Simulation of dynamic fracture in aluminum structures
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The present thesis treats the simulation of crack initiation and growth by the use of cohesive zone models under dynamic loading conditions . The first chapter reviews the aspects of fracture mechanics that are related to the subject. The rest of the thesis consists of two self-contained articles and one conference paper. Finite element models containing rate dependent cohesive elements have been introduced in the papers. The rate dependency of cohesive elements is obtained through calculations on single elements obeying rate dependent Gurson type equations. The papers represent three main aspects: model establishment, validation, and application. In the first article, the aim is to establish a model which has the ability to account for crack growth simulations under dynamic loading conditions. A rate-dependent Gurson type model has been used to define rate and triaxiality dependency of cohesive elements. The rate- and triaxiality-dependent cohesive elements are used in a finite element model to simulate crack propagation in a middle-cracked tension M(T) specimen made of aluminum alloy. The calculations show the importance of strain rate and stress triaxiality on the rate of the crack growth and the change of the load. The second paper examines the validation of the rate sensitive cohesive elements and the proposed procedure by comparing the results of the simulations and experiments on aluminum round bars under dynamic loading conditions. Smooth and notched round bars are tested and simulated and the load-diameter reduction curves are compared. The third paper applies the model to a bi-material (laser welded) compact tension C(T) specimen under dynamic loading conditions. The specimen made of aluminum alloy contains an initial crack on the interface of fusion zone and base metal. The crack growth is simulated by rate dependent cohesive elements which are oriented in different directions so that mixed mode crack propagation is feasible. The articles show the importance of considering rate dependency in the calculation of both the energy dissipated by plastic deformation and the energy of separation. They also show that the approach used is convenient for the simulation of dynamic ductile crack initiation and growth. The procedure considered can also be used for other areas of fracture simulation where the energy of separation is a function of variables that exist at the crack tip area.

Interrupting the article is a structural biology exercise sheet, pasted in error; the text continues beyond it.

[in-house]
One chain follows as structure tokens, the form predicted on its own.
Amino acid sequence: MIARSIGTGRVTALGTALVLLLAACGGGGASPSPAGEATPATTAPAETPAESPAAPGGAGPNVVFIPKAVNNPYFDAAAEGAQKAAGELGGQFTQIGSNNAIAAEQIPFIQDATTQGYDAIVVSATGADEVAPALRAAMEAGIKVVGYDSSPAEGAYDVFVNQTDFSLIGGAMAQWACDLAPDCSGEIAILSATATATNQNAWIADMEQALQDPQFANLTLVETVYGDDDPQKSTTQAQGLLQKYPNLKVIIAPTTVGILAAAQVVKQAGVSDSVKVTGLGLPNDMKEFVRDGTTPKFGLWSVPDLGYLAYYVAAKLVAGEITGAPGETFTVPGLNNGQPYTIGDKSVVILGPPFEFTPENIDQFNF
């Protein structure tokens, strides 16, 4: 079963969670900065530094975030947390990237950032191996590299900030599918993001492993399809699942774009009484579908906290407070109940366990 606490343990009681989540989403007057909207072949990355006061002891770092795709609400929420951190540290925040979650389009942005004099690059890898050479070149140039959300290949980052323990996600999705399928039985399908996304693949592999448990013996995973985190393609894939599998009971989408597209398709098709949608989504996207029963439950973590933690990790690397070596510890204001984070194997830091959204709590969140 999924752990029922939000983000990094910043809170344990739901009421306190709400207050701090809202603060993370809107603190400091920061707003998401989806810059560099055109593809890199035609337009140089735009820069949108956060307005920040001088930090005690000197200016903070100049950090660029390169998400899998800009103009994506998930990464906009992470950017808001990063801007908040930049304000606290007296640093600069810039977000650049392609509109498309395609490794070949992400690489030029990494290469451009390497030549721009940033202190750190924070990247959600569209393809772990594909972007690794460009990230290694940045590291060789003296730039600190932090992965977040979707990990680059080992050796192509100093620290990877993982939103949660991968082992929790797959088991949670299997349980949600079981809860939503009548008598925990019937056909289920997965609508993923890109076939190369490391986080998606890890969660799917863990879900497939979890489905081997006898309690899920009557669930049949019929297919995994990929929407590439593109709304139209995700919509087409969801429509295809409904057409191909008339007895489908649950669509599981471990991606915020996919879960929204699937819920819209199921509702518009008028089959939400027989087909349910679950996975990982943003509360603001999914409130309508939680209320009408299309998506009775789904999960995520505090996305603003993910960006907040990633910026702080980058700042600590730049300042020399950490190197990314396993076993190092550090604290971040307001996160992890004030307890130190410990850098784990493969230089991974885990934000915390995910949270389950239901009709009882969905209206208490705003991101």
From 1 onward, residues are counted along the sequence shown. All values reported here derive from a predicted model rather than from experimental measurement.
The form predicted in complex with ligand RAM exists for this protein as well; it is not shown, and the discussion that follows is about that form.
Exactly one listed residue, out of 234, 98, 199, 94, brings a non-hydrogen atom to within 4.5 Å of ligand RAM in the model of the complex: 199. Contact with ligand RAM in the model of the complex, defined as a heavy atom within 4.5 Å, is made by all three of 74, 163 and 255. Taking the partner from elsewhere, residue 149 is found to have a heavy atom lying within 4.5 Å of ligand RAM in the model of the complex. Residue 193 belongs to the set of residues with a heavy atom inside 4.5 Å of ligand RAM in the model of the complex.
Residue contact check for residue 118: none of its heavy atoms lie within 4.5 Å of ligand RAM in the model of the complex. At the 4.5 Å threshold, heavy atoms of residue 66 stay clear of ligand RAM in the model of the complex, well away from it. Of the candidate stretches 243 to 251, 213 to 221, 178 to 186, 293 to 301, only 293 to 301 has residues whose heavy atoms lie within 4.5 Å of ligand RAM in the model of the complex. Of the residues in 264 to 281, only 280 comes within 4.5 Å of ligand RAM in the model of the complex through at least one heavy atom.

Består avAnvari, M; Scheider, I; Thaulow, C. Simulation of dynamic ductile crack growth using strain-rate and triaxiality-dependent cohesive elements. Engineering Fracture Mechanics. 73(15): 2210-2228, 2006.
Anvari, M; Liu, Jun; Thaulow, C. Dynamic ductile fracture in aluminum round bars: experiments and simulations. International Journal of Fracture. 143(4): 317-332, 2007.
Anvari, M; Thaulow, C. Crack extension in aluminum weldment using ratedependent cohesive elements. Approaches to Fracture - Proceedings of the 9th European Mechanics of Materials Conference, 2006.